The Exim reference manual and a FAQ are online at the Exim web site, at and its mirrors. Here you will also find the latest release of Exim, as a source distribution. In addition to the plain text version that is included in the distribution, the manual can be downloaded in HTML (for faster browser access), in PostScript or PDF (for printing), and in Texinfo format for the info command.

Some versions of GNU/Linux are now being distributed with binary versions of Exim included. For this reason, I’ve left the material on building Exim from source until the end of the book, and concentrated on the runtime aspects first. If you are working with a binary distribution, make sure you have a copy of the text version of the reference manual that comes with the source distribution. It provides full coverage of every configuration option, and can easily be searched.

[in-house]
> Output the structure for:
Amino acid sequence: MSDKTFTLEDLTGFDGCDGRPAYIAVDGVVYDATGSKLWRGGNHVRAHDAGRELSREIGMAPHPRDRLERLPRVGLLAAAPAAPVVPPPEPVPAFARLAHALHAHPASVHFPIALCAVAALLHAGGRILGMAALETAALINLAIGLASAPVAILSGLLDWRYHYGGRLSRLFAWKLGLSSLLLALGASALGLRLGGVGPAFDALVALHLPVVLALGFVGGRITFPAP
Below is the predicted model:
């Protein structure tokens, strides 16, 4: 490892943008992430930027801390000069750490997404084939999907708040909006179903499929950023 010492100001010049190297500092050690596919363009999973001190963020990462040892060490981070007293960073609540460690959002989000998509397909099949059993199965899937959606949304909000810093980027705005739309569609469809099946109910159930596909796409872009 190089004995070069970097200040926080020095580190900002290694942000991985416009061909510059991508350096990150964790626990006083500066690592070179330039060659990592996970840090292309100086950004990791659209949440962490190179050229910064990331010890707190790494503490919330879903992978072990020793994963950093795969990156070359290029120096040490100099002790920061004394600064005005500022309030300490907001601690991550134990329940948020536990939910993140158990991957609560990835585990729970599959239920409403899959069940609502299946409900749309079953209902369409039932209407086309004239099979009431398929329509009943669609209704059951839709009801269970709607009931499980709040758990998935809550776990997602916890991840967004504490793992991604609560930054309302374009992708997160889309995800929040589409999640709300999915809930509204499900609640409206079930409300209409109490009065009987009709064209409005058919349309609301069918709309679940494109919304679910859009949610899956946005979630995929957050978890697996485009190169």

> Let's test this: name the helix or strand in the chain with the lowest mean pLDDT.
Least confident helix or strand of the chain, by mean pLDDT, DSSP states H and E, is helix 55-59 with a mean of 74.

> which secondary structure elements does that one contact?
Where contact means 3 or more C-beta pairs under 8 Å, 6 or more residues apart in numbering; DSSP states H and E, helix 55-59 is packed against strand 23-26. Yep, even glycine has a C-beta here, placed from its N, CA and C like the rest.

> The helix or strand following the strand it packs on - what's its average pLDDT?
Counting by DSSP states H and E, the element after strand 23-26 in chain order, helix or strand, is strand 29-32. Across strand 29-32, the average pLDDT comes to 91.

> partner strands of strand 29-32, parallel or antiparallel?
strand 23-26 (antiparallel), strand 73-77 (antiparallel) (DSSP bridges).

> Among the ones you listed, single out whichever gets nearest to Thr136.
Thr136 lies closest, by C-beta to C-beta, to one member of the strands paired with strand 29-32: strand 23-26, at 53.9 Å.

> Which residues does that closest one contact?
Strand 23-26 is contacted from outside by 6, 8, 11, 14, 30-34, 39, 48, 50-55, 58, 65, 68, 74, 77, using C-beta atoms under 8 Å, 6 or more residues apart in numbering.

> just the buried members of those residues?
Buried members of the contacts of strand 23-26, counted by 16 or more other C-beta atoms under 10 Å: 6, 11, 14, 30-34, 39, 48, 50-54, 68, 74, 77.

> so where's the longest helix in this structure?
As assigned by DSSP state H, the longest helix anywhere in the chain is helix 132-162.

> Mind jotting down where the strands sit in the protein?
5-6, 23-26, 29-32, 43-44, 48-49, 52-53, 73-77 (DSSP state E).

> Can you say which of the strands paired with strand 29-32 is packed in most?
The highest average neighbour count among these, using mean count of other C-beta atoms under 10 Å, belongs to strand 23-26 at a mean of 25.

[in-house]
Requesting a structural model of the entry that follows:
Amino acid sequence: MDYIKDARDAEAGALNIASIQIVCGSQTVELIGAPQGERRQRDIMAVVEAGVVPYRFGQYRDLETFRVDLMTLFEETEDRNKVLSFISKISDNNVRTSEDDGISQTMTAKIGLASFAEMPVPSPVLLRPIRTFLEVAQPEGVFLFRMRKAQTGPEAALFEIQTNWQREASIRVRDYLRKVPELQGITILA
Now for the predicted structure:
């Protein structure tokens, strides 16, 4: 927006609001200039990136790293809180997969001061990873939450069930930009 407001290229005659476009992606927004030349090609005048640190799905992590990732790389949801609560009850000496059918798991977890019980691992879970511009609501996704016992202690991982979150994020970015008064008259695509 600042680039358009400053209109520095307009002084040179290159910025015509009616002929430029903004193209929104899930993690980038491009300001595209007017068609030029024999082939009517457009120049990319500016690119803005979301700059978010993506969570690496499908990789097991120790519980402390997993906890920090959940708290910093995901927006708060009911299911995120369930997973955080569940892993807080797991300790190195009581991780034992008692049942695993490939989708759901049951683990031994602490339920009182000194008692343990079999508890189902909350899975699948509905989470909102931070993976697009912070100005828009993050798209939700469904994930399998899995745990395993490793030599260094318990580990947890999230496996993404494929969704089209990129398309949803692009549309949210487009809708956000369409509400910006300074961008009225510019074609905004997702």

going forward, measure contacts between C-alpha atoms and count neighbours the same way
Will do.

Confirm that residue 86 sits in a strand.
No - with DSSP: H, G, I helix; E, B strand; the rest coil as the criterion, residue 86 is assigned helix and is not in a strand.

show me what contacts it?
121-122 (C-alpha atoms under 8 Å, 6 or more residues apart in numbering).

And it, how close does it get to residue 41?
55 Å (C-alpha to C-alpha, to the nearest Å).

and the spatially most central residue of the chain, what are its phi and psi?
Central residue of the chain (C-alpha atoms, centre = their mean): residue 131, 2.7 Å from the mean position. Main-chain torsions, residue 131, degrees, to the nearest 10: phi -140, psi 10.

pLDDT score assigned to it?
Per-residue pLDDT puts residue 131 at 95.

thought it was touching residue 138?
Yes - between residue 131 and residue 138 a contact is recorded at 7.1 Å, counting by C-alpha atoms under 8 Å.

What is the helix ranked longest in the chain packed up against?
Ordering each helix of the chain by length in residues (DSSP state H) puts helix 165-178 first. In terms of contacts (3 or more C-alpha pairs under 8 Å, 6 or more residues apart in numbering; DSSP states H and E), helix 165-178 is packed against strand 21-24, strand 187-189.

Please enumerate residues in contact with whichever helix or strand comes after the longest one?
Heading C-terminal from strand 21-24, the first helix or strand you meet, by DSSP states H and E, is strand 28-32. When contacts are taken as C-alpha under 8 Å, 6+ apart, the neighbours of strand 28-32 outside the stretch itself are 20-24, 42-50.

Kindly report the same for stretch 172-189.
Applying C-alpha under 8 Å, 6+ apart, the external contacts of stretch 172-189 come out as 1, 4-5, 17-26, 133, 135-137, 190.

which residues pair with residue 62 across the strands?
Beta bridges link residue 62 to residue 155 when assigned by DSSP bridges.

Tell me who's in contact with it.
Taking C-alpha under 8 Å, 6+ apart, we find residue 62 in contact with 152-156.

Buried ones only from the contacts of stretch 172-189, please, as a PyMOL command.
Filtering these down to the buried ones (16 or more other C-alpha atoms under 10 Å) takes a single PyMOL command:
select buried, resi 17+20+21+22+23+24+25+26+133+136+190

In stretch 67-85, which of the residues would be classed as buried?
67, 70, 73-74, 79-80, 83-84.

The next chapter is a general discussion of the way email on the Internet works; Exim is hardly mentioned. This material has been included for the benefit of the many people who find themselves having to run a mail server without this essential background knowledge. You can skip to Chapter 3 if you already know about RFC 822 message format, SMTP, mail routing, and DNS usage.

[1] The terms mail transfer agent and mail transport agent are basically synonymous, and are used interchangeably.

[2] If you are not familiar with SMTP or some of the other acronyms used here, don’t be put off. The next chapter contains a description of how Internet mail works.

[4] See RFC 1891.